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HOW B2B BUYERS WORK NOW

Millennials, teamwork, and Amazon have changed the game.

Over a long lunch that includes gin and cigars, a salesman talks a gray-haired factory boss into buying 100,000 widgets. That's a stereotypical image for doing business in the old days.

Whether or not that image ever reflected reality, it sure doesn't now. Today's B2B purchasing process involves factors that would amaze yesterday's buyers and sellers.

1. Teams make buying decisions

When we survey trade show attendees, we find that roughly four out of five recommend, specify, or make buying decisions. The reason: teamwork.

A 2019 survey of more than 700 B2B buyers by the business technology website TrustRadius says, “95% of [B2B] purchases were collaborative. Only 5% of purchases were made by a single buyer.” TrustRadius CEO Vinay Bhagat says that companies are “making buying more of a group sport.”

And the groups are diverse. “When surveyed, 75% of customers agree or strongly agree that their purchase involved people from a wide variety of roles, teams, and locations,” says Brent Adamson, marketing vice president at the business consultancy Gartner.

Getting a diverse group to agree on what to buy can be a slow process. Studies by TrustRadius, the sales software company Showpad, and Demand Gen Report (a publication for B2B marketers) say that a purchase decision can take at least three months.

2. Millennials dominate the buying teams

TrustRadius CEO Vinay Bhagat says, “59% of software buyers are millennials, according to our recent B2B Disconnect research. Of those, one in three was the lead buyer.”

Millennials, Bhagat adds, “are less likely to rely on vendor marketing and sales reps than older buyers.”  Instead, millennials and other buyers trust web research. “Today, most B2B buyers start the decision-making process online,” says a recent Boston Consulting Group study of 1,200 B2B buyers. “They remain online through much of their journey, comparing prices and product performance.”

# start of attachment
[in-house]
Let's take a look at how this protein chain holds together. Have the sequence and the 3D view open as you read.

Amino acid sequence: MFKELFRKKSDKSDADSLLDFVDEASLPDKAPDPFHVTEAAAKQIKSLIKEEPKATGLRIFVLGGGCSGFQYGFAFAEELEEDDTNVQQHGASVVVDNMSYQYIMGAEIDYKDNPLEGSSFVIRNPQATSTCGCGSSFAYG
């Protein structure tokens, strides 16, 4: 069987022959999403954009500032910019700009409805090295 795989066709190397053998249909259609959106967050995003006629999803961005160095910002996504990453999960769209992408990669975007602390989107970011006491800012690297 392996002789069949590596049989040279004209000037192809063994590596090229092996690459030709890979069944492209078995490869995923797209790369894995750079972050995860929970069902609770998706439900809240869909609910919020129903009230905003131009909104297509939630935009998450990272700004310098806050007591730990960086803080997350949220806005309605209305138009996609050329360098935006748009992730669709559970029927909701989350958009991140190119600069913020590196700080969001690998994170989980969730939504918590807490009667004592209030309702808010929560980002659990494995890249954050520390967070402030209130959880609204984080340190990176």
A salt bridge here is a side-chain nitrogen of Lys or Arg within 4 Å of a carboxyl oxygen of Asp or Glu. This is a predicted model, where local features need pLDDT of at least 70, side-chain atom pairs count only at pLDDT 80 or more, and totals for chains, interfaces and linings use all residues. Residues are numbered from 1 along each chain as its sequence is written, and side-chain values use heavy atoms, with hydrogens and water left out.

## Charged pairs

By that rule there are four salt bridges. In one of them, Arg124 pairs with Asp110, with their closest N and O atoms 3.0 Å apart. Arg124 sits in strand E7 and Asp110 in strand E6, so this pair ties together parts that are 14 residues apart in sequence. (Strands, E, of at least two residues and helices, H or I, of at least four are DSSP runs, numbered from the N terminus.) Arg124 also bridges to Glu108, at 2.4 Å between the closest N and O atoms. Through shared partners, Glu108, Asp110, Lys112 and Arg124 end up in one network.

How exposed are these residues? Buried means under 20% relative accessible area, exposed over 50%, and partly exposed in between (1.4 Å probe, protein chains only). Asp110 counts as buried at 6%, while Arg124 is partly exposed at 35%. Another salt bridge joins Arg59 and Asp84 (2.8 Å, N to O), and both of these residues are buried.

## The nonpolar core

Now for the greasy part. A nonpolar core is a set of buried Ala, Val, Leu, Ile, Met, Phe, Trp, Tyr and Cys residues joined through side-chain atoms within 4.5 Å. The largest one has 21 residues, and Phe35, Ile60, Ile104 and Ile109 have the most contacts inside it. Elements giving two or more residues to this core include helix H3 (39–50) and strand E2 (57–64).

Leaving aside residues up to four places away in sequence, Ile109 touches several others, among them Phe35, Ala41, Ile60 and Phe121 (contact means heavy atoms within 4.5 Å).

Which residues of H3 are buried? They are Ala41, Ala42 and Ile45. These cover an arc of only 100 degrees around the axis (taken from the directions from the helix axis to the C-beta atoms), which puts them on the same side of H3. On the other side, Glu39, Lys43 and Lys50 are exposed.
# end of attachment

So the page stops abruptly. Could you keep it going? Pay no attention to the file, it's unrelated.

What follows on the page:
Fortunately, you control one of their favorite online destinations. “When you ask customers where are they most likely to go in digital,” Adamson says, “it is the supplier's own website.”

3. A B2B website should look like a B2C site

According to Adamson, most companies use their websites to talk about themselves, not help buyers make purchases. But millennials and other buyers are used to B2C sites like Amazon, which emphasize buying and make it easy.

The most successful B2B website is probably Alibaba.com, a marketplace connecting businesses — both buyers and sellers — worldwide. Alibaba looks like Amazon: Easy to read, thanks to plenty of open space and very few words, and easy to use, with a search bar conveniently located at the top center of the screen.

B2B website experts say that a good site should be simple to navigate and mobile-friendly. It should include call-to-action buttons like “Click here to purchase” and online ordering so that buyers can buy with just a few clicks.

A B2B website should also have rich, deep content. Demand Gen Report notes that about two-thirds of B2B executives want vendor sites to offer case studies, white papers, and other useful data. (Note that Alibaba's site includes “News and Trends from Industry Experts.”)

Now what?

Despite the new developments, at least one thing hasn't changed.
• Gartner says that buyers doing product research are open to receiving it in person, not just online.
• Boston Consulting notes that after researching online, B2B buyers often buy offline.
• A study by B2B software company TimeTrade says, “88% of B2B buyers, on average, say it's important to have live meetings or appointments with a company they may buy from... Buyers report that when companies offer the ability to schedule live appointments — either in-person or virtual — easing the buying process, their relationship with that company improves.”

In other words, B2B buying has taken on new features, but old-fashioned human contact never goes completely out of style.